Reviewed by Nomad
Starring Naomi Watts, Tim Roth, Michael Pitt, Brady Corbet, Devon Gearhart
Directed by Michael Haneke
Distributed by Warner Home Video
Recently, there has been a rash of films released where you enter into it knowing the bulk of what happens. The suspense is supposed to come from how things go down. We trust the director to set a pace, be that fast and frantic or slow and brooding, to lock us into our seats for the duration. Overall, if we aren’t locked in and caring about the lives of our heroes within the first 15 minutes, there is little hoping that will change. Funny Games is a film plagued with this malady.
First off, I am not rich, so it is hard for me to pity rich people right off the bat. I don’t understand the odd things they do like leaving houses unlocked and entertaining strangers even if they met them for two seconds. Secondly, the first character on the victims’ side of things that we really get to know comes off as a bit of a bitch, which certainly doesn’t help to garner sympathy from us when the proverbial shit hits the fan. I’ll sum up with one last problem for me. When you don’t like the good guys, you are left with the bad, and in Funny Games our two villains are so ridiculously unappealing, obnoxious and boring that I would have liked to leave the movie altogether. To add to their obnoxiousness, one baddie periodically breaks the fourth wall like some sadistic Zack Morris in a very bloody episode of “Saved By The Bell“. I don’t even like them talking to their victims … why would I want them talking to me?!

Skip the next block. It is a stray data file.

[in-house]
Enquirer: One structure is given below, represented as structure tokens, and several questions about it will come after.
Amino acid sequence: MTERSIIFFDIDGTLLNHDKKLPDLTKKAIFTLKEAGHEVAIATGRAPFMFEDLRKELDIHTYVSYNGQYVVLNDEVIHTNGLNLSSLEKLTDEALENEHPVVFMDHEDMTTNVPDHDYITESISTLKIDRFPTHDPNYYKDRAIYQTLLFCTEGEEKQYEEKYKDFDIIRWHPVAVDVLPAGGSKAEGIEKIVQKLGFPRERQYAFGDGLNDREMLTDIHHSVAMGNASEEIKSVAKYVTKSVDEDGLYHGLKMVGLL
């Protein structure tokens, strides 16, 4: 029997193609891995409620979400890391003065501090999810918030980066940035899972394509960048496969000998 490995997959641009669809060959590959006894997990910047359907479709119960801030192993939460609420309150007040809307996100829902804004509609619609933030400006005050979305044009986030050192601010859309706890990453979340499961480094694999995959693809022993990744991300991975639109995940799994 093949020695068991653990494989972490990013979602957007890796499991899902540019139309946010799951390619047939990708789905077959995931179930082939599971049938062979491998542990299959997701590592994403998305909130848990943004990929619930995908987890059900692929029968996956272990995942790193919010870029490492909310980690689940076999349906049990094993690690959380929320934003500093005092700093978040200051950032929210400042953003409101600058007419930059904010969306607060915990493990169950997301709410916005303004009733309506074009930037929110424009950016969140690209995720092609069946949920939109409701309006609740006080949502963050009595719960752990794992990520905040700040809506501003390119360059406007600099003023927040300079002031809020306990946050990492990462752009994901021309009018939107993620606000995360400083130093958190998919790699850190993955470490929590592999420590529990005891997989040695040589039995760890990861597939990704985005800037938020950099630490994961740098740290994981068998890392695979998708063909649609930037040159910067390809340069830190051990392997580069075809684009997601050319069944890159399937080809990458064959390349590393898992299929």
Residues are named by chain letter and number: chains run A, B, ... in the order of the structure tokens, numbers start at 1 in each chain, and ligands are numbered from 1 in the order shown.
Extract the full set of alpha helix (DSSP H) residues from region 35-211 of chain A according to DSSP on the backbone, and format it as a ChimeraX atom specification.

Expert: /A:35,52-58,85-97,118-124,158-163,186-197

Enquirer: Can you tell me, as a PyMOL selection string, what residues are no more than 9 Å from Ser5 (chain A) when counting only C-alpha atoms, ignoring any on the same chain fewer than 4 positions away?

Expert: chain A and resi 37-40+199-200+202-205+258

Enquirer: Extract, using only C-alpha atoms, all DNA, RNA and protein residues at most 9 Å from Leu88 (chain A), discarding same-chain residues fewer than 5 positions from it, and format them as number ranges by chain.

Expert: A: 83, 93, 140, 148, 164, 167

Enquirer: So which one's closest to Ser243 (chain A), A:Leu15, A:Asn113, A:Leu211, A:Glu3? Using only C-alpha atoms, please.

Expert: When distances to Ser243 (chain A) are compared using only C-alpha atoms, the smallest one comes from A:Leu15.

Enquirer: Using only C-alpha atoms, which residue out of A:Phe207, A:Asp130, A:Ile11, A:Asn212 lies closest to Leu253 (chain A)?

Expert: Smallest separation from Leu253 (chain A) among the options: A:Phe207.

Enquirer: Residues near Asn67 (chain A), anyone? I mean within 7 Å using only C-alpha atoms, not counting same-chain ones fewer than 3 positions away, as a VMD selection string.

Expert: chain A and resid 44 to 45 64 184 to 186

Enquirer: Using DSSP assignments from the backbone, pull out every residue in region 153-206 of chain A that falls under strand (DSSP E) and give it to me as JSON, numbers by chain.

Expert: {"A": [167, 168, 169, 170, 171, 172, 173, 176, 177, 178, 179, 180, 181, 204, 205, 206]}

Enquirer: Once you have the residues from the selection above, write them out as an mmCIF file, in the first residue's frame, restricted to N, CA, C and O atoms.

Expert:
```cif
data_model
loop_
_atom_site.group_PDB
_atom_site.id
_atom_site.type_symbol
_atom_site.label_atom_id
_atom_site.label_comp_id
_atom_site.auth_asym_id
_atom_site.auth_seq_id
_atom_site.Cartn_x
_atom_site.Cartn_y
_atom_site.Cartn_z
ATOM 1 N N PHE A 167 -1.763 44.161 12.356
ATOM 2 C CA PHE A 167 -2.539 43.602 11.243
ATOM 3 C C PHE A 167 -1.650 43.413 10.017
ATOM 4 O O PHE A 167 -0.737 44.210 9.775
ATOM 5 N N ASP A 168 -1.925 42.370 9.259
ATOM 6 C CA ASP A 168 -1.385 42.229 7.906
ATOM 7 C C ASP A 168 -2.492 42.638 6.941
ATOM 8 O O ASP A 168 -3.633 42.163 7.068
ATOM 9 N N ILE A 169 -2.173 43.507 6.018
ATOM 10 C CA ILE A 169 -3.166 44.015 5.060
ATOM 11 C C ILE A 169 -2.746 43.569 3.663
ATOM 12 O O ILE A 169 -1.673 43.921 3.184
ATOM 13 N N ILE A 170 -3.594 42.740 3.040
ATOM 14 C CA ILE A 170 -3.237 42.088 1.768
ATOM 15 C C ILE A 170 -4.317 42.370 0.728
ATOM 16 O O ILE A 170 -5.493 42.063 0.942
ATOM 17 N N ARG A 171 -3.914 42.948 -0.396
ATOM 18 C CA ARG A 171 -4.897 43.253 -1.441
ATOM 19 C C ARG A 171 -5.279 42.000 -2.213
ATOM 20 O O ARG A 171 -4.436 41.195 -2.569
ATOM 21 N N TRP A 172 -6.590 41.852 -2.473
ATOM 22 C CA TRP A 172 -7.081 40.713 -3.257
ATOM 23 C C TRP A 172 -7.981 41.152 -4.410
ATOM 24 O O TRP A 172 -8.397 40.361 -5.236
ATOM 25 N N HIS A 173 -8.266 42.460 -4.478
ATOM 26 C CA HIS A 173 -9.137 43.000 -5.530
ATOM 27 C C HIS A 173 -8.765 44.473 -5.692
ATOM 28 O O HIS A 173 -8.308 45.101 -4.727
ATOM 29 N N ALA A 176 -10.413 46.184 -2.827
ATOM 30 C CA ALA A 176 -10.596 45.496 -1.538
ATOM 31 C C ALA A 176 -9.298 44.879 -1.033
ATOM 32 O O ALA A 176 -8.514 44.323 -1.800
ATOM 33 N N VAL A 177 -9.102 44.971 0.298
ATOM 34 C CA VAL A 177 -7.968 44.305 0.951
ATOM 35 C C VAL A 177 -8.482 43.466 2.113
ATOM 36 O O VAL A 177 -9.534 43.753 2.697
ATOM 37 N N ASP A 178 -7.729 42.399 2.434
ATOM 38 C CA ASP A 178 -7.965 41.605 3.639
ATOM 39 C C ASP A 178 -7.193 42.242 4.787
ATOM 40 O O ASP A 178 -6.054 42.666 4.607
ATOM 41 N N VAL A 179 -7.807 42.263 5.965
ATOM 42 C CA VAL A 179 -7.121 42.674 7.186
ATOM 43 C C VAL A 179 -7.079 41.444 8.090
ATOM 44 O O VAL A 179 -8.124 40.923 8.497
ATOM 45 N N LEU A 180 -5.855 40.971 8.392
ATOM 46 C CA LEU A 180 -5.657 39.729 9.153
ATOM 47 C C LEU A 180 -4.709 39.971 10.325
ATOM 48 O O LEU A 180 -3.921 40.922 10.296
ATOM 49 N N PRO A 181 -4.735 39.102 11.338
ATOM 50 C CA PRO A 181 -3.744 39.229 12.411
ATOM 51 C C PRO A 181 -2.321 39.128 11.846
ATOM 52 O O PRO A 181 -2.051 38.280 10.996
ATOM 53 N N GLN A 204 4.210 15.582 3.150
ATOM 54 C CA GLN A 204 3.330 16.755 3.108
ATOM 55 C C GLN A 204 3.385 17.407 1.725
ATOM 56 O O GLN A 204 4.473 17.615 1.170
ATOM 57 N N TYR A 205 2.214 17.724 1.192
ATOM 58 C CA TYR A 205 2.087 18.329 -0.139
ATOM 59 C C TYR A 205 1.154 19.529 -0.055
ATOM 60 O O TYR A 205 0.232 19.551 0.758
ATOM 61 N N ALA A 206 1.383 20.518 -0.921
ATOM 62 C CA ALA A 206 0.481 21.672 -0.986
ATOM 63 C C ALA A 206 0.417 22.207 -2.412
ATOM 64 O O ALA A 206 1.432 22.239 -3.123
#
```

Funny Games is a slow roll down a gravel driveway. Sure, any number of things can pop out of the bushes, and the sound of the tires rolling over each rock is different, but that’s not enough to make me want to watch this car roll for an hour, much less almost two. Funny Games also gets very artistic at times, so now picture the sound of the car rolling but the camera is pointed at a tree nearby…for 10 minutes. The next shot is a close-up of the car door. The next, hands on the steering wheel. I’ve got nothing against art house films, but in this movie it seems an awkward fit. I will mention that all the acting in this film is top notch; it’s just that you won’t care. You believe Watts and Roth are genuinely upset by every humiliation and painful experience they endure, but it doesn’t amount to peril. It seems as much as I could believe that they were upset, I never bought that they were in danger, or I didn’t care. Whichever the case, it makes the entire movie hard to sit through as that is the whole damn movie.
We are allowed one blistering nail-biting chase scene when a little boy breaks free from his captors, but then we are seemingly punished for it with an excruciating scene (and I shit you not) of a woman getting herself up off the floor for what seemed like an eternity. Honestly, If I didn’t have to review it, I would have quit right there. Funny Games is a thoroughly boring exercise in bringing artistic film school camera angles to an overly glossy “horror” film. Good for them; not good for you.
As for extras, you get the privilege of being able to watch this film in widescreen or fullscreen. YAY! That’s all there is. I’ll assume whoever put the disk together thought you’d already endured enough torture yourself. Game over.
2 out of 5
0 out of 5